Tuesday, April 8, 2008

Cognitive Collapse

Pressure can cause strange reactions. It can cause one to overreact, tighten up, or cloud one’s judgment. Whatever the case, if it’s not addressed with even a brief brain bout, the initial result can turn into an epidemic. Illustration: a championship event. Closing out a basketball game can be difficult on many levels, and Memphis learned that the hard way last night. With 8:50 left in the game, Kansas led 47-46. At the 2:12 mark, Memphis led 60-51 after Rose and company compiled a sizzling span in which the point guard himself scored 10 points. The Tigers looked like they were poised to cement the so-called “dream team” label, but the stability they used to get to that state suddenly vanished.

They gave up an uncontested jumper with 1:56, then threw the ball away as Kansas canned a three. CDR made two free throws, but his team went on to miss four of its next five. He also missed a crucial jumper that would have given Memphis a four-point cushion. Meanwhile, Kansas made two more freebies, another 2-pointer, and the clutch three to tie it with two ticks left. The OT was no contest. Memphis collapsed and Kansas capitalized. Emotions shifted. San Antonio became a swing region, where one party that had made such progress suddenly saw its seasonal development evaporate into the Texas air. A team that appeared confident for so long allowed the intensity of the moment to probe and then plow, forcing regrettable pressure to rise. And then, as Billy Packer gloriously commented (and I actually agreed with him), we witnessed the ability, rather inability, to make shots when pressure was paramount.

What happened to the 38-1 squad during the final, fatal fourth? Strong defense diminished. Heel-playing began. Hope overtook expectation. The mental game became most influential. Panic prevailed. Playing fast and being aggressive worked for Memphis. Slowing pace and having to think did not. For example, when it was shut off from the lane, by virtue of the lockdown man defense that cut off right hands and partly because of the box-and-one, creating shots in the half court became more difficult. The Tigers didn’t have enough re-routing power to combat the clutter. Couple that with a contaminated motor program in the last couple of minutes that prevented a smooth stroke and all Coach Cal was left with was a clowder of cats to be categorized as catastrophic.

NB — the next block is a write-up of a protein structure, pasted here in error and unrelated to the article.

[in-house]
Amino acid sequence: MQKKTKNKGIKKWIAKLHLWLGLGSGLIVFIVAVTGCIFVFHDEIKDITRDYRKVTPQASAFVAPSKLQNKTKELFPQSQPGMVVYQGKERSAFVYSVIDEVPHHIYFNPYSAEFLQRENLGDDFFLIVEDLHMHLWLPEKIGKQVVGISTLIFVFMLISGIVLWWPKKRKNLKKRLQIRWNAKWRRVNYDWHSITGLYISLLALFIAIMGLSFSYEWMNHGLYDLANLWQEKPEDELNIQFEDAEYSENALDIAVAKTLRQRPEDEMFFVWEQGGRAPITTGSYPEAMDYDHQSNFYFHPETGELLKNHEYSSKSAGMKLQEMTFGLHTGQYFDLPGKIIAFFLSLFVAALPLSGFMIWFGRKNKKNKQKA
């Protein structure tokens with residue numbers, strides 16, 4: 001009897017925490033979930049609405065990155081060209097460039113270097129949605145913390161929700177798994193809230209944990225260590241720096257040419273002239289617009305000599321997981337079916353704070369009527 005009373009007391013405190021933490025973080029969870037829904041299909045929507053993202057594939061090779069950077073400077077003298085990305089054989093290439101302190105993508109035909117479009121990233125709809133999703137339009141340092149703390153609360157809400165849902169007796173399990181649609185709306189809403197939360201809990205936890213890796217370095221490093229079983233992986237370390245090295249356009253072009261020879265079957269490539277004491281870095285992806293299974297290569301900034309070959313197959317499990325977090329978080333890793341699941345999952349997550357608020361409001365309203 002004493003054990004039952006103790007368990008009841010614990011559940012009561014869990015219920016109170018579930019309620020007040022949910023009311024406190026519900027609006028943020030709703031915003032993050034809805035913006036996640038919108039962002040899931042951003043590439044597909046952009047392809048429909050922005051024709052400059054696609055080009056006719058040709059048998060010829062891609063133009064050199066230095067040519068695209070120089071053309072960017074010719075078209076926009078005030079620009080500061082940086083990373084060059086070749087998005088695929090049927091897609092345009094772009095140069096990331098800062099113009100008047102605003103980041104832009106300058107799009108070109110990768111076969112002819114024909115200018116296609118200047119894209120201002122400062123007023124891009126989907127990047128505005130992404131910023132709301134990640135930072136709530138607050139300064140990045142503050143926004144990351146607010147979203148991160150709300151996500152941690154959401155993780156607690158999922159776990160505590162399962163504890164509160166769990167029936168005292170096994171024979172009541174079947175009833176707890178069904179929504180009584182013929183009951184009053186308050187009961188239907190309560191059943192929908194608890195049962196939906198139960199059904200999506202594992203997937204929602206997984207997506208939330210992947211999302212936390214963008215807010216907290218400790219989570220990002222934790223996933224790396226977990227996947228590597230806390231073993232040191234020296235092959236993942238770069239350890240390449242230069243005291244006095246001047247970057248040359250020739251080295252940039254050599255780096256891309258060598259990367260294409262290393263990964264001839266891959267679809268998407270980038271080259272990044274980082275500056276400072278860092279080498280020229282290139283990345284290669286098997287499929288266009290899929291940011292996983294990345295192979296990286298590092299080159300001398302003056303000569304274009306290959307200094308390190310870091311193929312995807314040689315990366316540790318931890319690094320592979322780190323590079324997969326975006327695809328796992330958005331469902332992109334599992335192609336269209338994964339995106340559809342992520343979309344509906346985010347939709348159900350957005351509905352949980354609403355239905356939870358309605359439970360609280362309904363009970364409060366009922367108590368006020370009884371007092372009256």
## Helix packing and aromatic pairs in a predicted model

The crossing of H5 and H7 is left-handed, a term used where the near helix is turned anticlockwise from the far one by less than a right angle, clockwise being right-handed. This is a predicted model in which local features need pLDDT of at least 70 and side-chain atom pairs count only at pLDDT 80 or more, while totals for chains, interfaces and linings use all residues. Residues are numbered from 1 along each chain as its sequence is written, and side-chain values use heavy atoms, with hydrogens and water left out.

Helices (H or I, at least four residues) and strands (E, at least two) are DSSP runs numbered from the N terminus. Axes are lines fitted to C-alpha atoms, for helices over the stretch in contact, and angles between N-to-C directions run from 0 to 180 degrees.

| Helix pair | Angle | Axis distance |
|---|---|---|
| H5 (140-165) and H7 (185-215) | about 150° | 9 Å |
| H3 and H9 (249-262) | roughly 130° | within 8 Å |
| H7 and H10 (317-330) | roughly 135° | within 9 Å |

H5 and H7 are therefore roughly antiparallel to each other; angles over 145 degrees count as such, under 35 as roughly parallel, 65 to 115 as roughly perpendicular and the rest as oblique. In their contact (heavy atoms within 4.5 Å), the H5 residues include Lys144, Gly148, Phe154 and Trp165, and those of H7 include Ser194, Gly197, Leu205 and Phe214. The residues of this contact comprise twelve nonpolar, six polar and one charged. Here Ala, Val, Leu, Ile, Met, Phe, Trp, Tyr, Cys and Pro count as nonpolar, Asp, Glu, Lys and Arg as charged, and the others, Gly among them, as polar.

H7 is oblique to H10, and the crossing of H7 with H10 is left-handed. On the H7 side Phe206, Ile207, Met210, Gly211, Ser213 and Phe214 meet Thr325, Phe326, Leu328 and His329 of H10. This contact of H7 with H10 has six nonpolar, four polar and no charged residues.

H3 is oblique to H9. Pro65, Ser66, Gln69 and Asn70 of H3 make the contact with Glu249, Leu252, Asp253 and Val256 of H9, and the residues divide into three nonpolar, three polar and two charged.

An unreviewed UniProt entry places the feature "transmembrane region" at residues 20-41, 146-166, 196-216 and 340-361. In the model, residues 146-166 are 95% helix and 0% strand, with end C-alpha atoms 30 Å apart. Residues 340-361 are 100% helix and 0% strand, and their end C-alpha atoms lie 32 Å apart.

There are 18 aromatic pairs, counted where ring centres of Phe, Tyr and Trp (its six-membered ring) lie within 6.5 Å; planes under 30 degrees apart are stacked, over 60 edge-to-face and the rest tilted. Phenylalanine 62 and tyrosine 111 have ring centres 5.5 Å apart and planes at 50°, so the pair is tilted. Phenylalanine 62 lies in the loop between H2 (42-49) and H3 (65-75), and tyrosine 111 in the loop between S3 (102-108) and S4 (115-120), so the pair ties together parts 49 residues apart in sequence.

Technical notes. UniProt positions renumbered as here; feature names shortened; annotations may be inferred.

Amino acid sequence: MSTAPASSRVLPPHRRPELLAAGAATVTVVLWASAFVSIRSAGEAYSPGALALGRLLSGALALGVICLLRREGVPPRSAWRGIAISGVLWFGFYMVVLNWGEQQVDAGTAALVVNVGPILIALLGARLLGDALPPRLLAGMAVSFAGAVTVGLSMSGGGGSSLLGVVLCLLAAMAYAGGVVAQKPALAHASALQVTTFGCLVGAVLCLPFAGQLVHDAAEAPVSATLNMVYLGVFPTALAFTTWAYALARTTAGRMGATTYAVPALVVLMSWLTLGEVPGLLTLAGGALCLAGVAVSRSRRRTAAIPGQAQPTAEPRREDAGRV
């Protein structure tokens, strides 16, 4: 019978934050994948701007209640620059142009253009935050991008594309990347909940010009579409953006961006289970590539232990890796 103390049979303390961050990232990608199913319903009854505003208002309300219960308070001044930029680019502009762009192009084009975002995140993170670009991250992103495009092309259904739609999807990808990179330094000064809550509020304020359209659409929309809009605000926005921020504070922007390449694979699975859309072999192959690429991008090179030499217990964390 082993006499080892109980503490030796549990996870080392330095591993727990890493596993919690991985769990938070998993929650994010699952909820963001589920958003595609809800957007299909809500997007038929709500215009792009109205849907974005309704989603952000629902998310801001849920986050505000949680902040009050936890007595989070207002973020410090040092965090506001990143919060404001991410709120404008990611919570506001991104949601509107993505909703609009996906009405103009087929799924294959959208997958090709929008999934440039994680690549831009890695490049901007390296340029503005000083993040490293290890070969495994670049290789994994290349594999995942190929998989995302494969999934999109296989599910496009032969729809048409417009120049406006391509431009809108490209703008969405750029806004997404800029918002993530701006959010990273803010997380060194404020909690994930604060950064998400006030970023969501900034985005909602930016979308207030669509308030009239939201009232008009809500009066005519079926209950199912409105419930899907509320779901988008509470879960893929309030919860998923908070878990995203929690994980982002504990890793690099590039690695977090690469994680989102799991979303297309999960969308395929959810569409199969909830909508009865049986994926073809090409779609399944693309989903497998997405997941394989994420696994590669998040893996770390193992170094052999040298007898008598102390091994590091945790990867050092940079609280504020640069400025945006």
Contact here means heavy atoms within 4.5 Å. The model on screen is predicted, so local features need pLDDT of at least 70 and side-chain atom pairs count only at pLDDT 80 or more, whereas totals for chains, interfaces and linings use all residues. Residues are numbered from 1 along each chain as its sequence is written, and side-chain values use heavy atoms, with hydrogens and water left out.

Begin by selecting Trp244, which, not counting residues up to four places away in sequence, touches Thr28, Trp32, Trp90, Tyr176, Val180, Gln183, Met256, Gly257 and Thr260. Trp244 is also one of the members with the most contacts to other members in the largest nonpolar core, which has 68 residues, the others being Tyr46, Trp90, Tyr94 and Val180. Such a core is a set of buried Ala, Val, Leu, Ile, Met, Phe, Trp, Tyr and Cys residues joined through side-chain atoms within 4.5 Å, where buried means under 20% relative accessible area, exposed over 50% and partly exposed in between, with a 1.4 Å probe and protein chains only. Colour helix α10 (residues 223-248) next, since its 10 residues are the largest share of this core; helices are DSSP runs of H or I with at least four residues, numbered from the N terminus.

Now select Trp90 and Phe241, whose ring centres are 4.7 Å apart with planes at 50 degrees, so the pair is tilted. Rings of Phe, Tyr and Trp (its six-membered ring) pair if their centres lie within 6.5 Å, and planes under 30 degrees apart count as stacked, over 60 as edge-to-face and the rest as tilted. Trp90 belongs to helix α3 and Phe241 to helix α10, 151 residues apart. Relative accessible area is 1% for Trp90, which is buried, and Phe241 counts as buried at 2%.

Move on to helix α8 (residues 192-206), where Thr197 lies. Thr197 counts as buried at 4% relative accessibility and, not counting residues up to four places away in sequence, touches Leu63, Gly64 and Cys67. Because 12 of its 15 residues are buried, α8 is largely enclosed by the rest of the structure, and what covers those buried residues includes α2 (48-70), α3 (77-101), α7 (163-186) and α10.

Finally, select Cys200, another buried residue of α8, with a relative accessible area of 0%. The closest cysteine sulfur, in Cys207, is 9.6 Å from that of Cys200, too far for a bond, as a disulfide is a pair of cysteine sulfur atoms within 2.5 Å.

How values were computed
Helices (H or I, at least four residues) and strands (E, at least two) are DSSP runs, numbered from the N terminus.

The brain needs millions of neurons for a player to shoot and make a free throw. Complex functions occur at blazing rates that make use of all of the lobes and human senses. A plaguing thought or even an abrupt delusion can corrupt the shot, causing negativity, constriction, and, ultimately, misfire. Unfortunately for Memphis, the infection spread swiftly, just as the wings of the Jayhawks extended into "Self"ish history.

Other madness observations

  • It took the “premier” college basketball announcer around four game minutes to realize the Jayhawks were in a box-and-one … once he did, he was very proud, repeating the finding a half dozen times.
  • Is it me or does Digger Phelps incessantly bully Dicky V.? During the pre-game on ESPN in which the panel of experts was seated adjacent to the water, Bob Knight, in an explanation about officials not calling obvious charges said, “I can take Dick and with one finger I can push him back.”As Knight pressed Vitale’s chest with his index finger, Digger chimed in. “Not far enough … Right in the river, baby! … Say goodnight Dick! … Can you swim?!”
  • The Stanford women wear black uniforms to intimidate, run the triangle offense, have a 20-point scorer, shoot more than 72 percent from the foul line, and hold teams to 56 points per game at 35 percent field goal shooting. Let’s see if those details work out against the defending national champions who average 78 points per game and have the best player in the women’s game. Should be another great one.


Anonymous said...

Hey Doc,

Great analysis of the game. Keep the blogs coming. They are an asset to both coaches, athletes, business leaders and other professionals working in the performance psychology field.

Justin Anderson, Psy.D.
Family Business Advisor
Legasus Group

Dr. Oliver Eslinger said...

Thank you, Justin, for your support!

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